through the intake process the day he arrived. ECF 5 at 3.
Plaintiff states he showed the nurse with whom he spoke at intake
“documentation that [he] converted to Judaism
approximately eight months ago.” ECF 5 at 3. Further,
he informed her that he was “on a kosher diet”
and asked her to “enter that on the computer.”
Id. He claims he showed the nurse “one of two
papers” he had with him “proving [his] Jewish
plaintiff believes the nurse entered the information
regarding his religious preference into the computer, he
states that he was denied kosher meals. ECF 5 at 3. He states
that from March 8, 2016 through March 14, 2016, all he had to
eat was “two eggs and a bag of chips.”
Id. Plaintiff claims he “wrote multiple 118s
to everyone” at BCDC in an effort to obtain his
religious diet. Id. Specifically, he states he wrote
to “multiple shift captains, . . . the head hancho in
charge of the meals, ” church services staff, and to
the defendants, Program Director Sharon Tyler and Warden
Deborah Richardson. Id.
addition to plaintiff's request for kosher meals, he
informed BCDC staff in his written correspondence that he was
allergic to turkey, beef by-products, white bread, and sugar.
Id. Plaintiff explains that he experiences allergic
reactions when exposed to these food items, causing his
throat to close and producing hives on the back of his arms.
Id. According to Rolph, he had to fast due to his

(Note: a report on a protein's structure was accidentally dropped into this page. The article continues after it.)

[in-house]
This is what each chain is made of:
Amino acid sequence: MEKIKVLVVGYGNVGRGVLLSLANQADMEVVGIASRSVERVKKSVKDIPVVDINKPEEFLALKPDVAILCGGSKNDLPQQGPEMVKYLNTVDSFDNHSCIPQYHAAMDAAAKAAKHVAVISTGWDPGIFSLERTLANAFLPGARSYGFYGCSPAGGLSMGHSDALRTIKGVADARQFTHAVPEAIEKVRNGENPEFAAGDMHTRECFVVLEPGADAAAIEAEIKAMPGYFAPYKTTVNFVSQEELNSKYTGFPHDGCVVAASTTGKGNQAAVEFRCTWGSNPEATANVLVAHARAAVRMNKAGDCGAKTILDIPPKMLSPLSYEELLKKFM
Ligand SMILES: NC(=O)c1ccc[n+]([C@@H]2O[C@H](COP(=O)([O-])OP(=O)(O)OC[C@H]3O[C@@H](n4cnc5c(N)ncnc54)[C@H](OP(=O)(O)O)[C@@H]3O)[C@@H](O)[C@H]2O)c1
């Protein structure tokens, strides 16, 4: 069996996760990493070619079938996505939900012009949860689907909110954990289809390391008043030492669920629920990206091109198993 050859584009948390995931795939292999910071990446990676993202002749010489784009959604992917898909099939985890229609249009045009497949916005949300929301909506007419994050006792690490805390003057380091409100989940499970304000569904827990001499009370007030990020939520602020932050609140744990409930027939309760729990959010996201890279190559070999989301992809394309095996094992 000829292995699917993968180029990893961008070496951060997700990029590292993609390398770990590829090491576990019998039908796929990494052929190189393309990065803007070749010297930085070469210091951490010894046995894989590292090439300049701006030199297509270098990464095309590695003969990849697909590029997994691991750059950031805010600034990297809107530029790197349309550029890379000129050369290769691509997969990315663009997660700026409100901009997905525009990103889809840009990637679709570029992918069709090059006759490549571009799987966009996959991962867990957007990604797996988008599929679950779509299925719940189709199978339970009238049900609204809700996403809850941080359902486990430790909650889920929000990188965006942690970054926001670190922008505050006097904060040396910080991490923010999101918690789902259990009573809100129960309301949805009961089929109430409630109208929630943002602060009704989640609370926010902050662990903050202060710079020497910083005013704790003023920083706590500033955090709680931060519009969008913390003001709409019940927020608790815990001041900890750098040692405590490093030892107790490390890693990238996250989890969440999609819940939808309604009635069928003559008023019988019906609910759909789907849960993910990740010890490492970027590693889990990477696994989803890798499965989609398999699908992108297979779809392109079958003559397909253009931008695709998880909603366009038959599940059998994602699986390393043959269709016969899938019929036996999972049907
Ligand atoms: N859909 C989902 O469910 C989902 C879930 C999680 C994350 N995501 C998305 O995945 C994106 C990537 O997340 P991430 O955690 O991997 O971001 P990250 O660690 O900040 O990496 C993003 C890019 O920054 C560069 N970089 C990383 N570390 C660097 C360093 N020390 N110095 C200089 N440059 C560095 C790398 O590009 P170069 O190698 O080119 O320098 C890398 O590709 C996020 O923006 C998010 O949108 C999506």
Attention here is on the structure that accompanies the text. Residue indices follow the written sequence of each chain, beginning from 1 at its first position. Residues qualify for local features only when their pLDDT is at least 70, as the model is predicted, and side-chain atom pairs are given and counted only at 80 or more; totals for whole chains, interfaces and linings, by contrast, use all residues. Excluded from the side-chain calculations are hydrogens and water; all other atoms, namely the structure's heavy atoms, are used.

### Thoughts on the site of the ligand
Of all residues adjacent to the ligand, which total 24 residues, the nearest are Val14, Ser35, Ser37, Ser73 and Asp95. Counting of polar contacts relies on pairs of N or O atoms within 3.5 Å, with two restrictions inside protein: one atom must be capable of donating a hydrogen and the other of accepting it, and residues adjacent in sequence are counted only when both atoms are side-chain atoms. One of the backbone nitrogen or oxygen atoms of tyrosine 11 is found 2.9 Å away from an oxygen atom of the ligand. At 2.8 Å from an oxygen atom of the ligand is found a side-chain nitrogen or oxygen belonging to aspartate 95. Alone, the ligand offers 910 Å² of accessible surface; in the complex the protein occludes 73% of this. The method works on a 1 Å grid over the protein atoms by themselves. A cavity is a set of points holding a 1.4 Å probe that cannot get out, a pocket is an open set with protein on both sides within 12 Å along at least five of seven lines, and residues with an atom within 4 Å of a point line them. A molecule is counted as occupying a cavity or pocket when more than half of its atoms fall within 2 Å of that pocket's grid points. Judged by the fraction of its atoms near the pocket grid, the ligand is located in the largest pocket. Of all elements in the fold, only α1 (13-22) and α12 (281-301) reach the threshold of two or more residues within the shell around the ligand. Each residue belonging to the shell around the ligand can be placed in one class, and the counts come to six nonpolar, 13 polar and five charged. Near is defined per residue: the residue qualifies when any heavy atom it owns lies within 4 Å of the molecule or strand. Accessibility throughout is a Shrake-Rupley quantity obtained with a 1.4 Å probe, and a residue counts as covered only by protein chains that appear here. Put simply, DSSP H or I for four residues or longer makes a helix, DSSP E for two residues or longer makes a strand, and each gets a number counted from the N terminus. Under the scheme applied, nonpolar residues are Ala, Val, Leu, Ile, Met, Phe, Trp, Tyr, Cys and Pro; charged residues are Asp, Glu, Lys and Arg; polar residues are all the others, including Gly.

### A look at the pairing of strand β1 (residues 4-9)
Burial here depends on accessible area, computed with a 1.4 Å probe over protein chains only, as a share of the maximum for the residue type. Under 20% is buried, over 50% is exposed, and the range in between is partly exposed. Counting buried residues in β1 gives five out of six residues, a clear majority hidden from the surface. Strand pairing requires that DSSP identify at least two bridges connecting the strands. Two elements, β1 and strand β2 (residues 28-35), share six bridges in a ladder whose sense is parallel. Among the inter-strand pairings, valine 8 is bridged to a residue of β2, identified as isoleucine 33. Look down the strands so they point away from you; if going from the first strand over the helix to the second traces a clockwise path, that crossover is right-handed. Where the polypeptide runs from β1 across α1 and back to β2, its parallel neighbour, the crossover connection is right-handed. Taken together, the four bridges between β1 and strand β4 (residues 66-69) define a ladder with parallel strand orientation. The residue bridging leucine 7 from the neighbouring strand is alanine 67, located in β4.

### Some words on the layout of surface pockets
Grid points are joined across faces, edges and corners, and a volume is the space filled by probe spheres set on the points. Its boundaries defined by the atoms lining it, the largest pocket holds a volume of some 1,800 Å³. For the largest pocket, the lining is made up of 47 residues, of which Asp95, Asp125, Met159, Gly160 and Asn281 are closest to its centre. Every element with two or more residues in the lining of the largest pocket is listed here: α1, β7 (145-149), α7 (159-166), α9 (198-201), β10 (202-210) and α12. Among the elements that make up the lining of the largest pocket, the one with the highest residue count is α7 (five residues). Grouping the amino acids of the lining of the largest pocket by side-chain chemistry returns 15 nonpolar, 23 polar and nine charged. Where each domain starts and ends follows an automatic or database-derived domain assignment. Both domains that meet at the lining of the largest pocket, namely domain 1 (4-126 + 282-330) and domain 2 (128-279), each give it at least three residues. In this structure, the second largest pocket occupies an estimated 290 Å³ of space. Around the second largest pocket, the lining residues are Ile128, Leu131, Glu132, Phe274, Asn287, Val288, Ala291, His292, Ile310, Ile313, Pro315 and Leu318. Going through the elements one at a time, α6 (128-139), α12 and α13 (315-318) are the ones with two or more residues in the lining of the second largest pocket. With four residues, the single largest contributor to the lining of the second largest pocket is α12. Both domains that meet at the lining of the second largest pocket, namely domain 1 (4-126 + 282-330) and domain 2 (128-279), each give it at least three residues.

multiple food allergies. Id.
March 14, 2016, Rolph received a letter from Tyler stating
that he would need to provide the name of his Rabbi and
synagogue in order for him to be approved for a kosher diet.
ECF 5 at 3. Further, Tyler informed plaintiff that Richardson
forwarded to the medical staff the information regarding
plaintiff's food allergies. Id. Plaintiff
responded to Tyler's letter, indicating that he had shown
the intake nurse proof of his religion; that Tyler could see
the paperwork he had proving his religious preference; he was
“absolutely starving”; and he was invoking his
“fifth amendment rights as far as the personal
information she requested.” Id.
also points out that he is “obviously new to the
[Jewish] faith, ” but claims that he studies every day
and feels “horrible” that he has been
“forced . . . to come close to fasting totally.”
ECF 5 at 5. According to plaintiff, defendants were
“forcing [him] to break [his] faith by consuming their
regular meals.” Id. He also points out that he
had a kosher diet for the eight months that he was at Spring
Grove Hospital. Id.
addition, plaintiff claims that when he got to BCDC he was
“placed on a boat [sic] (on the floor), ” despite
his having informed correctional staff that he has a prior
diagnosis of a “deteriorating disc, protruding disc,
bulging disc, and sciatica problems.” ECF 5 at 4.
Plaintiff states that he told “the sheriff's deputy
that [he] needed to be placed on a bunk (bottom) and [he]
needed an extra mat for [his] back.” Id. at 3.
The sheriff told Rolph that “the best [he] can